Casablanca Conference of 1943

Casablanca Conference of 1943

 

a British-American conference between F. D. Roosevelt, president of the USA, and W. Churchill, prime minister of Great Britain, and including high military officials of these two countries.

The Casablanca Conference was held between January 14 and January 24 in a suburb of Casablanca in Morocco. The Casablanca Conference discussed prospective Allied military operations for 1943. An accord was reached on the landing of Allied troops in Sicily after the completion of the campaign in North Africa. The participants in the conference believed that this would not only help drive fascist Italy out of the war but also prepare a springboard for the landing of British and American troops in the Balkans. The Casablanca Conference put off the question of a second front in northern France to strike a blow at the vital centers of fascist Germany, despite pledges of action by the US and British governments to the Soviet government. Such a policy corresponded to the plan of the British and US statesmen, who hoped that the USSR and Germany would exhaust each other in a protracted war. The Casablanca Conference also confirmed a plan of operation in northern Burma which envisioned driving the Japanese troops out of Rangoon. The participants in the conference discussed the French administration in North Africa (Generals de Gaulle and H. Giraud were invited for this purpose), the position of Turkey in the war, and the fate of the colonies in the postwar period.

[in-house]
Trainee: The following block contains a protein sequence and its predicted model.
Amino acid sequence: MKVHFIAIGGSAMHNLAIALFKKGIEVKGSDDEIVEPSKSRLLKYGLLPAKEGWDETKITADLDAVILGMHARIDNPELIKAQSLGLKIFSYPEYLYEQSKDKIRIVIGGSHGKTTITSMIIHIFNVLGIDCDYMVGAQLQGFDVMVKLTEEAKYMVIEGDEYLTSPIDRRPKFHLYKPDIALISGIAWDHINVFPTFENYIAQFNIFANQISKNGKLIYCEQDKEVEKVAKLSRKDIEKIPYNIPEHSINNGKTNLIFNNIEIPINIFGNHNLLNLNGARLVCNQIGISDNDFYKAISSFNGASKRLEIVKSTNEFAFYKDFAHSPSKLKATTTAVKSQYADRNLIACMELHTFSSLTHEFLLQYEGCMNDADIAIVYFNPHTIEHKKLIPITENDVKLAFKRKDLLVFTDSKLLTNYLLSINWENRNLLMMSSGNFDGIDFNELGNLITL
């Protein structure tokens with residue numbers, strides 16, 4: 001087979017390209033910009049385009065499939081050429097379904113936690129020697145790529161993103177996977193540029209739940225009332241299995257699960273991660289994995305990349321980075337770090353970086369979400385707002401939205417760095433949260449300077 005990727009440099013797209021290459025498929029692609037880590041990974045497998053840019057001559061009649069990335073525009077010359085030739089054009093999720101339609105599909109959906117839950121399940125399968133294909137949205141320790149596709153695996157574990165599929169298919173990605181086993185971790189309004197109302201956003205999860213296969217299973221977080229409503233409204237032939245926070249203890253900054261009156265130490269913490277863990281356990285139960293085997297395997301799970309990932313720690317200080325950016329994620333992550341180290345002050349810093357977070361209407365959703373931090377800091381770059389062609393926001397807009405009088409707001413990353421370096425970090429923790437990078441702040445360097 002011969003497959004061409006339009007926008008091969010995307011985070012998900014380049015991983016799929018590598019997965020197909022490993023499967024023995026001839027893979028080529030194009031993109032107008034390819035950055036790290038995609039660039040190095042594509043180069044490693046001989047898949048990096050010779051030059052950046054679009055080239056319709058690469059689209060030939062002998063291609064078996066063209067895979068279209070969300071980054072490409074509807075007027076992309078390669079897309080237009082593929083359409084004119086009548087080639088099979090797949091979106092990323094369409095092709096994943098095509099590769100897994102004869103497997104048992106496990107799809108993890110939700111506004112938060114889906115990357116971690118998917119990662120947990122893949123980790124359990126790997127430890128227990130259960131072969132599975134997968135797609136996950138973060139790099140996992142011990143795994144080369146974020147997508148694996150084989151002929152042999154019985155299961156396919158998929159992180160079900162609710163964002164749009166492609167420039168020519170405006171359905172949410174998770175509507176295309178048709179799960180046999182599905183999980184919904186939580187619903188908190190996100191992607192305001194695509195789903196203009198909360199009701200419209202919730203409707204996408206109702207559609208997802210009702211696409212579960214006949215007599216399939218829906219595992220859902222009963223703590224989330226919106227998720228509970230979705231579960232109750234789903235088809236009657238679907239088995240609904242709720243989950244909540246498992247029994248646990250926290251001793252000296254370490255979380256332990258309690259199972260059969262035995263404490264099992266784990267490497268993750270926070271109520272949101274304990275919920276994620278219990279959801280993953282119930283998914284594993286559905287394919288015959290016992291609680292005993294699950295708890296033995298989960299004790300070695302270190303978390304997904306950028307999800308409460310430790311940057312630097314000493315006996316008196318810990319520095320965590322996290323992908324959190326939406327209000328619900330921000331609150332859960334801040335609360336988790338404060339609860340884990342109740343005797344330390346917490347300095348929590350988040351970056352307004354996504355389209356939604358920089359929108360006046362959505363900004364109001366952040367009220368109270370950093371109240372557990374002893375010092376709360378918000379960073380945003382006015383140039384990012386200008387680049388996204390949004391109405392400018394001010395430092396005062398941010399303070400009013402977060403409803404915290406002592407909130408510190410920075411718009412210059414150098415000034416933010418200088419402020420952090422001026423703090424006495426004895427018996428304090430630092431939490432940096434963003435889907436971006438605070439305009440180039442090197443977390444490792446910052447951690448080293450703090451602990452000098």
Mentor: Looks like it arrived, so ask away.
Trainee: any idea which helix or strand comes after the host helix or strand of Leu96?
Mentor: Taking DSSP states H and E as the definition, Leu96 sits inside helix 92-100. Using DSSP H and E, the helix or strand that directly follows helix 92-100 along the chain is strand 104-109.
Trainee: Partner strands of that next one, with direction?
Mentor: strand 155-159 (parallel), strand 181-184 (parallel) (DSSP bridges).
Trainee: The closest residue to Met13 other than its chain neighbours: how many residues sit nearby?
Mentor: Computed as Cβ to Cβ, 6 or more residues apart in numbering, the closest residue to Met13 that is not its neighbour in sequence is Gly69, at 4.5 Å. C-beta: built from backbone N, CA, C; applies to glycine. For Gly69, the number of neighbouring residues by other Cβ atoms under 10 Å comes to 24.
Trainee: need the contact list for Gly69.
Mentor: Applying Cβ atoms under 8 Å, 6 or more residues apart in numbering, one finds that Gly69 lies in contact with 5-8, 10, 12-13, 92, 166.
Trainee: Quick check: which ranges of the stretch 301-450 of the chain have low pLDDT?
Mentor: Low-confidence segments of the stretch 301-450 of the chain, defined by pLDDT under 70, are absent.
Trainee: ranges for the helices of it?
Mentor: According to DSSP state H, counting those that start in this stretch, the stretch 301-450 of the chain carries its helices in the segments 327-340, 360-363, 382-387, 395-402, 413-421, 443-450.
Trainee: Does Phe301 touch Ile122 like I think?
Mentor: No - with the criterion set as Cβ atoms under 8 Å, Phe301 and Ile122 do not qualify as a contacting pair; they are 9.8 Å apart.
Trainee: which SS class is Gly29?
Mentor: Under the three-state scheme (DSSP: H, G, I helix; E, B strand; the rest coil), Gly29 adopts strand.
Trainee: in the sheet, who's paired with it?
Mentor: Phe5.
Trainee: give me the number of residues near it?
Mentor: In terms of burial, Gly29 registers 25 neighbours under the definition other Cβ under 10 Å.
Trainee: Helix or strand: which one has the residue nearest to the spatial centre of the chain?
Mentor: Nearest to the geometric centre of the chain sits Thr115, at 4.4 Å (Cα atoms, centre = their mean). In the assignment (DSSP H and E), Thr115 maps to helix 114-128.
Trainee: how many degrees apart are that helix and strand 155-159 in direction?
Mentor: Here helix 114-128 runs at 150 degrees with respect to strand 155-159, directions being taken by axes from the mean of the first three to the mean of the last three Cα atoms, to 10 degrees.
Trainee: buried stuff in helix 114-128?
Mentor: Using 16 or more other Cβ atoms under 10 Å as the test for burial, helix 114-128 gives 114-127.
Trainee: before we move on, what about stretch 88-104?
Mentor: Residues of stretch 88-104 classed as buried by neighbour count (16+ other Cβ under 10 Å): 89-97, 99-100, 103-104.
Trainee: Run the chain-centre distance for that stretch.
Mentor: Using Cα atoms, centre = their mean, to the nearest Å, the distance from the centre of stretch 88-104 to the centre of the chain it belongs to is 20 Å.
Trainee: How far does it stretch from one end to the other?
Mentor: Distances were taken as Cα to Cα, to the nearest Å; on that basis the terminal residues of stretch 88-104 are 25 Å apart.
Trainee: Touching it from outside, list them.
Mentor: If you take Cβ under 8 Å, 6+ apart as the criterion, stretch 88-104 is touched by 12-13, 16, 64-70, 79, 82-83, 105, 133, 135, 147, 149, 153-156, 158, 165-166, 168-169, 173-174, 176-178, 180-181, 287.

An important development of the conference was Roosevelt’s statement at a press conference in Casablanca on Jan. 24, 1943, that the Allies would seek the unconditional surrender of Germany, Italy, and Japan.

PUBLICATION

War and Peace Aims of the United Nations, vol. 2. Boston, 1948. Pages 1–4.

REFERENCES

Israelian, V. L. Antigitlerovskaia Koalitsiia. Moscow, 1964.
Istoriia mezhdunarodnykh otnoshenii i vneshnei politiki SSSR. Vol. 2: 1939–1945. Moscow, 1962.
Sherwood, R. Ruzvel’t i Gopkins glazami ochevidtsa, vol. 2. Moscow, 1958. (Translated from English.)
Mentioned in ?
References in periodicals archive ?
He combined this with unequivocal support for the allied war effort, after the Casablanca conference of 1943 at which, despite the disapproval of Churchill and the displeasure of de Gaulle hovering impatiently in the wings, he gained Roosevelt's unqualified support for independence, contributing some 350,000 Moroccan troops to the Free French side, and a genuine understanding of national unity, resisting Vichy French instructions to permit legislation which would have allowed for the deportation of Moroccan Jews to Germany.